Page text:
Perils of a hornets’ nest in the eastern Med
When the Turkish subsea research vessel Oruc Reis began exploring the seabed between Cyprus and Crete, accompanied by warships, it poked a geopolitical hornets’ nest long in the making.
Turkey sits where East meets West, and is NATO’s easternmost bulwark against the conflicts of the Middle East, which in itself creates potential conflict; insert hydrocarbons and geo-economic interests to render the situation tricky indeed, not just for Turkey but also for its neighbors, whether allies or foes. Overlay Ankara’s quest to play a greater geopolitical role in the Middle East and you find yourself in the middle of an eastern Mediterranean power play.
Cooperation between Egypt, Israel, Cyprus and Greece to exploit hydrocarbons there is a thorn in Ankara’s side. Under the French-Cypriot defense cooperation agreement of 2017, France is allowed to provide security in an area where the French oil company Total and Italy’s ENI have drilling rights. This was the basis for President Emmanuel Macron sending fighter jets and a frigate to “temporarily reinforce” its military presence in the region as a clear show of support for Greece and Cyprus.
For Turkey the situation is not clear cut, because the 13 exploration blocs in question are in contested waters. Ankara does not accept Greece’s exclusive economic zones (EEZ) off Cyprus and several Greek islands, and claims seabed drilling rights for itself. Further complicating matters, Ankara does not recognise the Republic of Cyprus and maintains a claim over Northern Cyprus.
This is not Turkey’s first foray into complex eastern Mediterranean rivalries. In January, President Recep Tayyip Erdogan sent troops to Libya in support of the UN-recognized Government of National Accord (GNA) in Tripoli, led by Fayez Al-Sarraj and also supported by the US and Italy. The GNA is challenged by eastern military strongman Khalifa Haftar who is supported by Egypt, most of the other Gulf states, and France. The rhetoric around that conflict has reached boiling point more than once. Neither Egypt nor Haftar welcomed being poked in the eye by Ankara.
It is clearly untenable for France and Greece to be on the opposing side to Turkey when all are NATO allies; neither is it acceptable for an EU member state, Cyprus, to be in the middle of the conflict.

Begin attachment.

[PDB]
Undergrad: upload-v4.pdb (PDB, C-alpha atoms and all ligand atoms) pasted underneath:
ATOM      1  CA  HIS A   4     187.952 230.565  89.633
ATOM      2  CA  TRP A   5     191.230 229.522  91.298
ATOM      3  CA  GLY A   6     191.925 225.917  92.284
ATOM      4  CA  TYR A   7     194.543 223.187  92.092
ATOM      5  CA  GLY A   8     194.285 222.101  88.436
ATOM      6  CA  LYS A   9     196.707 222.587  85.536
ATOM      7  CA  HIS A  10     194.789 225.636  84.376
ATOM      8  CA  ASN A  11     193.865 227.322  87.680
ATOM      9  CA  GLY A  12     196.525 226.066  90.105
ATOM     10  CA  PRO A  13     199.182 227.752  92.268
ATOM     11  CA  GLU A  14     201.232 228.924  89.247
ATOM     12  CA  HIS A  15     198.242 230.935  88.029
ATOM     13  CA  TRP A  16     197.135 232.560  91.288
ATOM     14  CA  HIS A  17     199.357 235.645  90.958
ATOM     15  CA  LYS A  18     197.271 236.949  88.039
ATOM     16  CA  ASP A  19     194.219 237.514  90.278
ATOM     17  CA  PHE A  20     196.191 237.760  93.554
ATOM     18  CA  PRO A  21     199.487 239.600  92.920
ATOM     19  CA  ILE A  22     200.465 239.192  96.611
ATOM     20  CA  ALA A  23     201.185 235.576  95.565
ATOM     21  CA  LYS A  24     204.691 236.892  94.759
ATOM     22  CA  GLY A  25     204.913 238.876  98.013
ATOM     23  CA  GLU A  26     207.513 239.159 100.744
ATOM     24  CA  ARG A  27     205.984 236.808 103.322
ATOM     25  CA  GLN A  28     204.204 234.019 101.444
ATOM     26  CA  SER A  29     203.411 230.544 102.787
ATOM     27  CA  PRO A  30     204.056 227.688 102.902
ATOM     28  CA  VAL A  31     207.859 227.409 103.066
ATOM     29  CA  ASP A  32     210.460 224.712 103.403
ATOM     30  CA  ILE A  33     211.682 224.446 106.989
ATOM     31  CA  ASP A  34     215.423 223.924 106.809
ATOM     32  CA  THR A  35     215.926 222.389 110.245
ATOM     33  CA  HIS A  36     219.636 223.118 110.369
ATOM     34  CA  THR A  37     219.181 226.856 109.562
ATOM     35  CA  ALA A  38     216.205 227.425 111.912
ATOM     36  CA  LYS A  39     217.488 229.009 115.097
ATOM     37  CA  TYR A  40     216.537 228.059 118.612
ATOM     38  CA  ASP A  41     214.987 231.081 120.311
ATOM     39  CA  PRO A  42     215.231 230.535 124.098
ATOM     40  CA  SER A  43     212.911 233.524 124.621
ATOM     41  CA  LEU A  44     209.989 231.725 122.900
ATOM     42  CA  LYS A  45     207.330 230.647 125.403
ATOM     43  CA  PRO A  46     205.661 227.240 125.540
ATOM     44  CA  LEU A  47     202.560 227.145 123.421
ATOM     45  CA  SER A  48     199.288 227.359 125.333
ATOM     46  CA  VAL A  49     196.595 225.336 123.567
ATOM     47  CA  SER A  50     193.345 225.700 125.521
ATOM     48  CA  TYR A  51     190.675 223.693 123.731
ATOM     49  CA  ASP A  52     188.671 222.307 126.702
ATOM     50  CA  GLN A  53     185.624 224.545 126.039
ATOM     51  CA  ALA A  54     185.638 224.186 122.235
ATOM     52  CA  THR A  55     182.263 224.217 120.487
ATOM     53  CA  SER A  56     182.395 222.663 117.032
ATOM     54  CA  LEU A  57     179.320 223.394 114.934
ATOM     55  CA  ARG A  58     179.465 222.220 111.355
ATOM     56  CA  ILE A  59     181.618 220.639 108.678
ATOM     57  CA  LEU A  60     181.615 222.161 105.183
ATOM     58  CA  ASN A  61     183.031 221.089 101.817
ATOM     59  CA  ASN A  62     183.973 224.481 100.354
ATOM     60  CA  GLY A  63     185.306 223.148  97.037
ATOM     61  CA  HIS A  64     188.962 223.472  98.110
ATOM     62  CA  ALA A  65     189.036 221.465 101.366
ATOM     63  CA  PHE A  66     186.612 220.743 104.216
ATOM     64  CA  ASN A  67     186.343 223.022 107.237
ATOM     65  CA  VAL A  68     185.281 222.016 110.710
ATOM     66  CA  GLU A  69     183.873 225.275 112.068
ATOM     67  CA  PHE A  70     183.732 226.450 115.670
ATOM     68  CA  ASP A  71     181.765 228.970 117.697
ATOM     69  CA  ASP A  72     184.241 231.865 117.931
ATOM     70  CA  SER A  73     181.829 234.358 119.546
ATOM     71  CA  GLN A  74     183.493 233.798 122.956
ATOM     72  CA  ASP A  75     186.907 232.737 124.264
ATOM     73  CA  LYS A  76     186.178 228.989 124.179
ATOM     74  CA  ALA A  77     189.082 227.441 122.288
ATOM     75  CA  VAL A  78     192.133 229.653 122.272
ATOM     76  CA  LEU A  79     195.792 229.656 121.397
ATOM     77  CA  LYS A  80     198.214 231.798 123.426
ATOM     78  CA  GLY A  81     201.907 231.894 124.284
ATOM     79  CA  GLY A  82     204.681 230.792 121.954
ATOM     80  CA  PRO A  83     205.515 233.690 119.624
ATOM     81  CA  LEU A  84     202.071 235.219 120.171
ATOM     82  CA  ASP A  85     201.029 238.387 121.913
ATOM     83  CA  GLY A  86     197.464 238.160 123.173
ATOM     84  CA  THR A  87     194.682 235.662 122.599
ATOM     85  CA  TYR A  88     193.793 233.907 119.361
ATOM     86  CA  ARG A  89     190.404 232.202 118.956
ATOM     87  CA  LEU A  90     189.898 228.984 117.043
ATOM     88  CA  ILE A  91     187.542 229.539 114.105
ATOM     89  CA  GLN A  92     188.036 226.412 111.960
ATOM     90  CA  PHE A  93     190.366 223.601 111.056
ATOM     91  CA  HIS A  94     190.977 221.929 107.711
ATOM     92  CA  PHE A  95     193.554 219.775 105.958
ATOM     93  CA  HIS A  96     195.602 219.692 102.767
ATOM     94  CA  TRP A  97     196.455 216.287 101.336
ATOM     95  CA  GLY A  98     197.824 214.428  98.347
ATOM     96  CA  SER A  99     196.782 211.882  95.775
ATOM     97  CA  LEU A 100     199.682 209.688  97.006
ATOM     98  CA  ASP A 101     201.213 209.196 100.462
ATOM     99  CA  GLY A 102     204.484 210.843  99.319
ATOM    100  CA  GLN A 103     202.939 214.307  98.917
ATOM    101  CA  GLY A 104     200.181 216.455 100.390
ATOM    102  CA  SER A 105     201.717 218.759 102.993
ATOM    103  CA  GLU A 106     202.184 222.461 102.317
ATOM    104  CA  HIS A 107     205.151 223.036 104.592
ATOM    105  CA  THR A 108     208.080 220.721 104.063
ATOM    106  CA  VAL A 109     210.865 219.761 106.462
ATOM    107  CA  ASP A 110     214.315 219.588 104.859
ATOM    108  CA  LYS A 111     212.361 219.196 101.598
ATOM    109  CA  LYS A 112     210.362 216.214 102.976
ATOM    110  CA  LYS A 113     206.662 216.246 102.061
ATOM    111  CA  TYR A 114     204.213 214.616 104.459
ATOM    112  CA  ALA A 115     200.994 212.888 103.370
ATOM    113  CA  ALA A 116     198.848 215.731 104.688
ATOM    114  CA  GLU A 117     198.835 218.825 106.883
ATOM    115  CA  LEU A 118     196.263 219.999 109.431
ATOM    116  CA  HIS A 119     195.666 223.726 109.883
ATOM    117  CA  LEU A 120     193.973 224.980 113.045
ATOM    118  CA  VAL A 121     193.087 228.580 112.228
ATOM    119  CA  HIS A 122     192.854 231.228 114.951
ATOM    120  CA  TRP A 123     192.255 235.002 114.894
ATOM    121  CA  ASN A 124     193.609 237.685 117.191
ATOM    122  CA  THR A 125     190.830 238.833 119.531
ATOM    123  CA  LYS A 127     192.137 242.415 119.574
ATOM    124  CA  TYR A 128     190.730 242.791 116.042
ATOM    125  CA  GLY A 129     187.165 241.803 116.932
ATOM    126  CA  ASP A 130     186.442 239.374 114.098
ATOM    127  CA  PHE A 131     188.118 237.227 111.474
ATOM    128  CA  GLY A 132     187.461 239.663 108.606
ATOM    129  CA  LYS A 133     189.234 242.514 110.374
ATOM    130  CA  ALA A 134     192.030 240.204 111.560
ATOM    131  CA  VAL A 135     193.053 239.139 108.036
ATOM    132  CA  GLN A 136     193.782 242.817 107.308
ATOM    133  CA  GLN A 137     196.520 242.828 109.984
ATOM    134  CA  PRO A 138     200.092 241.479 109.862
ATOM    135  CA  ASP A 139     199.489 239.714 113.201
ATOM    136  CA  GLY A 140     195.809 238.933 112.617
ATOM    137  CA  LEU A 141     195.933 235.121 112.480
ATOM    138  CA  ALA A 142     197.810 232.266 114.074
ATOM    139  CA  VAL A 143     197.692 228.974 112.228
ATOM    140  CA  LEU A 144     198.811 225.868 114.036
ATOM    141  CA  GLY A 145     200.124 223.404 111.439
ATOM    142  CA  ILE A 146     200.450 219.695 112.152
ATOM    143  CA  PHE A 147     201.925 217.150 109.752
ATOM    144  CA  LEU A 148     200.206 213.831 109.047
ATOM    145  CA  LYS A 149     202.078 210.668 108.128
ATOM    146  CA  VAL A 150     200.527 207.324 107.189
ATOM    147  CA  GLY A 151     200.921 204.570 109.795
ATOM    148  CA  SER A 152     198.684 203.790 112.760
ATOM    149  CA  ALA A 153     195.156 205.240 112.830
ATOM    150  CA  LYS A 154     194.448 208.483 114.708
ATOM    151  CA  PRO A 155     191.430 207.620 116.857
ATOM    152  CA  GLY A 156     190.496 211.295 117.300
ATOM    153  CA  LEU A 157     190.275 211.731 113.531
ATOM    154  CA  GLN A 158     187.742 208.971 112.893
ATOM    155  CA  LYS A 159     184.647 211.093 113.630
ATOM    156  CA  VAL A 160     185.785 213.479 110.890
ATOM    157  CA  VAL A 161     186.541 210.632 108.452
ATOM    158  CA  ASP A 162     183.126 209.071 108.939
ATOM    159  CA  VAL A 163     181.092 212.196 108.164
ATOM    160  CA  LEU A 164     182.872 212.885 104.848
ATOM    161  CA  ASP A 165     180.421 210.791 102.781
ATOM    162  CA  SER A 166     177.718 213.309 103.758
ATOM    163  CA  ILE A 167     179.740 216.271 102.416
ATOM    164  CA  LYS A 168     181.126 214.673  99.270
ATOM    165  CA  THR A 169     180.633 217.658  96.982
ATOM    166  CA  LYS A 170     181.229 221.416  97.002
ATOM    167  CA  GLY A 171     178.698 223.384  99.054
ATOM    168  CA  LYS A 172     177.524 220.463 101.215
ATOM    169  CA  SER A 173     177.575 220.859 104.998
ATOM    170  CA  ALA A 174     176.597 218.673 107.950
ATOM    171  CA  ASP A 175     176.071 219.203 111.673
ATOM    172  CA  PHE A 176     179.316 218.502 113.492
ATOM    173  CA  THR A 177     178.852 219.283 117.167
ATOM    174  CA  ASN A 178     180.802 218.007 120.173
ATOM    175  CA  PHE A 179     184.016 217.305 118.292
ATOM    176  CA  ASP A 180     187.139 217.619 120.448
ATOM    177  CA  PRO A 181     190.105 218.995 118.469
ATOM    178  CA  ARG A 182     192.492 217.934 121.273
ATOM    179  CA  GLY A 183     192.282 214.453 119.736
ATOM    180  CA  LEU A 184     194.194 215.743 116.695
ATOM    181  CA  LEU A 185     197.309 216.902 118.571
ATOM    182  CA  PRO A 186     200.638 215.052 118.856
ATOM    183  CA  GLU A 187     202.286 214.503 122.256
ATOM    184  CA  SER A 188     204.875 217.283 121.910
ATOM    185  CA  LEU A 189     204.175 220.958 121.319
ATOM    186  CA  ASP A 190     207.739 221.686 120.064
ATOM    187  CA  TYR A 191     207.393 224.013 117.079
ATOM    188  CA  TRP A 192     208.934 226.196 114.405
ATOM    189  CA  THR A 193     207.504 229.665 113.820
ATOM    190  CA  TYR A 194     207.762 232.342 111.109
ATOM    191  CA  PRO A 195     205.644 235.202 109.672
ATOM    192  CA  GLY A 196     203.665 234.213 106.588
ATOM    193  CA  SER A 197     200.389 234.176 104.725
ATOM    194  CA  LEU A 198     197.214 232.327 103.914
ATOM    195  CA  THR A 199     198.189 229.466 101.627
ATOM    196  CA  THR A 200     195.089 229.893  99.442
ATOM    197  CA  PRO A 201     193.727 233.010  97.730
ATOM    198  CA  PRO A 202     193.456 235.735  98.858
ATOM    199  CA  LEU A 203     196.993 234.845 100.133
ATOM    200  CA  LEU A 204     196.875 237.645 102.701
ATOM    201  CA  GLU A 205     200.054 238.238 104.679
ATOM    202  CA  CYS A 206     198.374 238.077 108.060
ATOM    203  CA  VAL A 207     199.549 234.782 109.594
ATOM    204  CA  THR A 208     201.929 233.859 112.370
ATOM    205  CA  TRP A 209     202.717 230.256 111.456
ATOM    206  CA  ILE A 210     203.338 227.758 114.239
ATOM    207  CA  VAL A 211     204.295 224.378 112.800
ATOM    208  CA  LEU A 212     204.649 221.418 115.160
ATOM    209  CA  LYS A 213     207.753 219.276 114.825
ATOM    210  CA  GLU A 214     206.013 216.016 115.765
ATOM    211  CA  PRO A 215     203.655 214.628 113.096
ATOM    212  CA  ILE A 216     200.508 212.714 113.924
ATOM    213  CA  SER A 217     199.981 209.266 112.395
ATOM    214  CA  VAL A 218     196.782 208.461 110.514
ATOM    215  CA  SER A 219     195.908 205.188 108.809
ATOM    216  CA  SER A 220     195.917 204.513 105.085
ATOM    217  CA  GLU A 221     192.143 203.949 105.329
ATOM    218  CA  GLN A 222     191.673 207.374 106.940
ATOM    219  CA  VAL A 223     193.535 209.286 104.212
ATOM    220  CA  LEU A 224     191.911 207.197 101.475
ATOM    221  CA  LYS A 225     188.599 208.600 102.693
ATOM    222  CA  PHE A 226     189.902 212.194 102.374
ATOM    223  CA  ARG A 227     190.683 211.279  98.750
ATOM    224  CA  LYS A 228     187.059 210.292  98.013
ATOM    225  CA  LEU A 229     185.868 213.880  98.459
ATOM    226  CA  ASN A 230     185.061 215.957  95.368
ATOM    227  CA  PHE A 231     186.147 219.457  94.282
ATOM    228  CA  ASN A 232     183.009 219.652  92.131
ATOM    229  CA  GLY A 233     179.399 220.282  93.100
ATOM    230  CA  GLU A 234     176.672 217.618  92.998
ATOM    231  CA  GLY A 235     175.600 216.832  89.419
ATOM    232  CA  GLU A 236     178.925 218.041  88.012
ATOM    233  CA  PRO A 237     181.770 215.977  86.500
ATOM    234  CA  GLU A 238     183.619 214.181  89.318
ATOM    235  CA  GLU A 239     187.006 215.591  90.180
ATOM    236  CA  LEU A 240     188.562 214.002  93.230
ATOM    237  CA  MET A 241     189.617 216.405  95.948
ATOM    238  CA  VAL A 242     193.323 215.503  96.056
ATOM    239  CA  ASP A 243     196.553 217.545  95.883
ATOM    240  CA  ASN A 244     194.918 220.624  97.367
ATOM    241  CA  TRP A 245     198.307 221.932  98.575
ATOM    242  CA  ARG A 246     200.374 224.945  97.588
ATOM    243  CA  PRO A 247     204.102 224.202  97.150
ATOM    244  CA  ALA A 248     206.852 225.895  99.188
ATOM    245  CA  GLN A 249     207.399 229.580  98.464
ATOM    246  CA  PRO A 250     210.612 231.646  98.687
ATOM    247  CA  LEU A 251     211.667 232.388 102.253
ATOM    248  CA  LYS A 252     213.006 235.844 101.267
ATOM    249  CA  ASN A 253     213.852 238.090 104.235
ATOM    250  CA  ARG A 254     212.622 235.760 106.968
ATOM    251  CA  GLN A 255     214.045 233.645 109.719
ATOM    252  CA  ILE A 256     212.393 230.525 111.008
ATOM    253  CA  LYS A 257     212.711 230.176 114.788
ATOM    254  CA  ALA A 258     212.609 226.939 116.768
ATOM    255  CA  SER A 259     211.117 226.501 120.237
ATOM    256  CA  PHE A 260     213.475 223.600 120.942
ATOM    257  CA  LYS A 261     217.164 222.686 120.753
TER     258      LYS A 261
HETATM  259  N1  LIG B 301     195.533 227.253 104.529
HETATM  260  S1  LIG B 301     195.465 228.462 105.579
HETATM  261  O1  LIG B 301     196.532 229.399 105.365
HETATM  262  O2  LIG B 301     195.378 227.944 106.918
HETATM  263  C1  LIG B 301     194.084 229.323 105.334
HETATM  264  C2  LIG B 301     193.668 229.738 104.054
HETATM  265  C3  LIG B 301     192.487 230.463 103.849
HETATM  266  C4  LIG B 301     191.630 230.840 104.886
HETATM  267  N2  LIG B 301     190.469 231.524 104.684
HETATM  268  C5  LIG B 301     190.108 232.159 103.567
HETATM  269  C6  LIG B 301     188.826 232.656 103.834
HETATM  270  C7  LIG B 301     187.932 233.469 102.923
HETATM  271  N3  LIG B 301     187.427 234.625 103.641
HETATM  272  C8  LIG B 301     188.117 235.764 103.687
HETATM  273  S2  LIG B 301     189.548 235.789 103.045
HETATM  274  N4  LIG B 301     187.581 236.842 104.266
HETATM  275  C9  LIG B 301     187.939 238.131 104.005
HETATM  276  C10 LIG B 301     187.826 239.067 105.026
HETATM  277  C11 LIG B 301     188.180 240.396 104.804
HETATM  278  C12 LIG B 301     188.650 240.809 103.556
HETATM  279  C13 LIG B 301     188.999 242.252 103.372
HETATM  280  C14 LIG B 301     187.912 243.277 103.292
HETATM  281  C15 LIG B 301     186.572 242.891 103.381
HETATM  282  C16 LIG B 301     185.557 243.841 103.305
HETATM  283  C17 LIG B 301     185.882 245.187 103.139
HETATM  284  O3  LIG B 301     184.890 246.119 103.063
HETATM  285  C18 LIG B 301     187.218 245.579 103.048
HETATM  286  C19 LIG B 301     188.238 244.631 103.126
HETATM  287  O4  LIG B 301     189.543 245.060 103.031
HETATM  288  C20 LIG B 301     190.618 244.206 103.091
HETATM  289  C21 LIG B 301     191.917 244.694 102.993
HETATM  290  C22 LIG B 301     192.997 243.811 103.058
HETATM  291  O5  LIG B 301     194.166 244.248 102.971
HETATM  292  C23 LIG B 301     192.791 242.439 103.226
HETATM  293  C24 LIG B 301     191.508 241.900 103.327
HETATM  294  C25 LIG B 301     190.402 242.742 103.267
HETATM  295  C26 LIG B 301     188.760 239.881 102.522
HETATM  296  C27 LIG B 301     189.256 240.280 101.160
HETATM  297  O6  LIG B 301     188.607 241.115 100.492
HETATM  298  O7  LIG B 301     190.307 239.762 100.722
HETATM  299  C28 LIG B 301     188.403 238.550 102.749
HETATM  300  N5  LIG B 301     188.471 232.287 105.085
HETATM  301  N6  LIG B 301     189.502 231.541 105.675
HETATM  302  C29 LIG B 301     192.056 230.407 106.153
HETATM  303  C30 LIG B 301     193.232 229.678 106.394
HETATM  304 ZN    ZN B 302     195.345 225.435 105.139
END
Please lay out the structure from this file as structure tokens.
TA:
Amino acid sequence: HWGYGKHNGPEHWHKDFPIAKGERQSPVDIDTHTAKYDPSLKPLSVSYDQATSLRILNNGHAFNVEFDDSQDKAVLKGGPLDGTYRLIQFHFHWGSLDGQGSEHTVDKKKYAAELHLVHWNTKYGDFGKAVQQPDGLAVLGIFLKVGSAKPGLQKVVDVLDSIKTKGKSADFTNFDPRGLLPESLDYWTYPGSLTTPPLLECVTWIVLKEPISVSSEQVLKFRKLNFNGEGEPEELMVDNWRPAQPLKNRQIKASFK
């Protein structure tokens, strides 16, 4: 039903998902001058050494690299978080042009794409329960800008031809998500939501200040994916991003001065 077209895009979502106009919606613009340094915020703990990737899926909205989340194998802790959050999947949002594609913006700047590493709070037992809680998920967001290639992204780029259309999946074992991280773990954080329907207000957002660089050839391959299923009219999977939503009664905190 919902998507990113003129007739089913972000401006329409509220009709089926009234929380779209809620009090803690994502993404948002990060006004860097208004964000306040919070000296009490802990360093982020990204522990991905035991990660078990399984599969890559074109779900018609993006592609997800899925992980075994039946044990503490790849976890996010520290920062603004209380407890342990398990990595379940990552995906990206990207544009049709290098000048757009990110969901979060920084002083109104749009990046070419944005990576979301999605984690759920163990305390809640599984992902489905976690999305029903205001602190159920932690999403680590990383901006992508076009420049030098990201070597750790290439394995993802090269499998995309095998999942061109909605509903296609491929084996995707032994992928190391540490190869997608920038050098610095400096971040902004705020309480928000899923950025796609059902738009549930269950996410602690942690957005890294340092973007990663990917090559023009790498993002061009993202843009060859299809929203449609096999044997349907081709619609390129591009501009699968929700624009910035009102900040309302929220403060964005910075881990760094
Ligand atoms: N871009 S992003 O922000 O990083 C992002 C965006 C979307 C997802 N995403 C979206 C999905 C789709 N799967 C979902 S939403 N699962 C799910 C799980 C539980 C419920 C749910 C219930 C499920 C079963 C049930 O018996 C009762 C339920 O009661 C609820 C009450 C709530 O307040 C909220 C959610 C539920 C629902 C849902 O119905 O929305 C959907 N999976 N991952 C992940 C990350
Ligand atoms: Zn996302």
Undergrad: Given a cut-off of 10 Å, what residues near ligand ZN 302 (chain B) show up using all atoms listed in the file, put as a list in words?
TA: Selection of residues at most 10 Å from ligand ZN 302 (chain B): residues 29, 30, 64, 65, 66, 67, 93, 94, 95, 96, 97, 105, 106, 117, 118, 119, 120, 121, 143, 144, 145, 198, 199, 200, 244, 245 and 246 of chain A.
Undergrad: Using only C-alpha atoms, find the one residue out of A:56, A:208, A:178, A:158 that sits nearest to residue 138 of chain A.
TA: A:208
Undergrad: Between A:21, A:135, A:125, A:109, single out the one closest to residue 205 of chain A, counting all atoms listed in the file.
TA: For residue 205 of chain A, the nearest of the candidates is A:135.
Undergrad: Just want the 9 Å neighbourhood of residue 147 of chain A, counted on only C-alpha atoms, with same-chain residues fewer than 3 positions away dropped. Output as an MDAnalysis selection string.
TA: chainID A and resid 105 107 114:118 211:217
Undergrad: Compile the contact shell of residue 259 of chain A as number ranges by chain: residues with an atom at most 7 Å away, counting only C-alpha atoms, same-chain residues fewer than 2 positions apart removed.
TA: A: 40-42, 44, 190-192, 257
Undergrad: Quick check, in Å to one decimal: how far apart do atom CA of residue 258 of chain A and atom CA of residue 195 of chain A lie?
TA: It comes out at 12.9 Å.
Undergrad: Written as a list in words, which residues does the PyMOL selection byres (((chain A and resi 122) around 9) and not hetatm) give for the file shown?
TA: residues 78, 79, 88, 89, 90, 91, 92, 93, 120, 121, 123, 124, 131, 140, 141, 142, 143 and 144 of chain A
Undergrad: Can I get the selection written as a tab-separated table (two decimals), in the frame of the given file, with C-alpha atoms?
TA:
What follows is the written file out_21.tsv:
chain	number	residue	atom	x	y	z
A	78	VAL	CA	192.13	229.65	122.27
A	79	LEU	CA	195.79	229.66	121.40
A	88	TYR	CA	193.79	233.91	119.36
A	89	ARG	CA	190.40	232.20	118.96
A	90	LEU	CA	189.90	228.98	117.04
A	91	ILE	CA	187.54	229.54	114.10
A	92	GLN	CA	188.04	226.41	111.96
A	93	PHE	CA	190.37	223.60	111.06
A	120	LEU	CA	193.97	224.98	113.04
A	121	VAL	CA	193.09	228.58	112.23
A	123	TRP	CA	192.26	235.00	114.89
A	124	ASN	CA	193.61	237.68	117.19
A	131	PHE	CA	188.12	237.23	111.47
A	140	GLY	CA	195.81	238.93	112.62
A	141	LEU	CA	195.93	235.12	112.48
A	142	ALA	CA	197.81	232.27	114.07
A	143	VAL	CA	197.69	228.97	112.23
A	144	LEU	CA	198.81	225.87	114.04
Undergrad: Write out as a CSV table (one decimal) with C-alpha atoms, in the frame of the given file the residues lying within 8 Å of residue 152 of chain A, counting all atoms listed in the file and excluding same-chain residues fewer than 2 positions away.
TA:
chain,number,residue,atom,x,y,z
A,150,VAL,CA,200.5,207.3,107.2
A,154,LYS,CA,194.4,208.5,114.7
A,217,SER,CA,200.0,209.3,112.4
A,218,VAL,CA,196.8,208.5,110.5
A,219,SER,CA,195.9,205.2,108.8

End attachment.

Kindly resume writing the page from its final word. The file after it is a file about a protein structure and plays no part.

The tensions go well beyond who should have access to the seabed’s rich hydrocarbon resources; they show just how tricky Ankara’s relationship with its Western neighbors and allies has become.
In 2002, the Turkish foreign policy fashioned by Foreign Minister Ahmet Davutoglu was to get along with all its neighbors. That went out the window in 2011, when civil war in Syria pitted Turkey against Bashar Assad, and placed Ankara front and center of a quagmire made worse by the rise of Daesh.
The refugee crisis of 2015 and the discovery of hydrocarbon riches in contested waters have led to new alliances not favored by Ankara. From a European perspective, Erdogan’s attitude toward a free press and civil liberties, and his increasingly self-confident posture in the region, have not helped.
So now what? It is clearly untenable for France and Greece to be on the opposing side to Turkey when all are NATO allies; neither is it acceptable for an EU member state, Cyprus, to be in the middle of the conflict.
The EU has more at stake than hydrocarbons. Its refugee deal with Turkey, gives Ankara six billion euros in exchange for hosting more than three million Syrian refugees. This is a cornerstone of its refugee policy and not only benefits Greece, which is at breaking point over its refugee camps in Lesbos and elsewhere, but also benefits (and keeps quiet) all the countries on the Eastern Balkans refugee route. The Turkish shenanigans on the Greek border this year were not just tragic for the refugees caught up in them, they also proved that Brussels needs a certain degree of goodwill and predictability from Ankara, as long as EU member states are not willing to share equitably in accommodating refugees.
Both sides feel that international law is on their side in the eastern Mediterranean dispute. Even if tempers reach boiling point, there is too much at risk to let the situation get out of hand. This is why both German Chancellor Angela Merkel and European Council president Charles Michel have spoken to Erdogan. The Swiss have offered to mediate. This should help in the short run. In the long run, Europe and Turkey have to define their relationship and NATO needs to find its own way forward with respect to the eastern Mediterranean. Nobody has an interest in more conflict in a region already riddled with it.
- Cornelia Meyer is a business consultant, macro-economist and energy expert. Twitter: @MeyerResources
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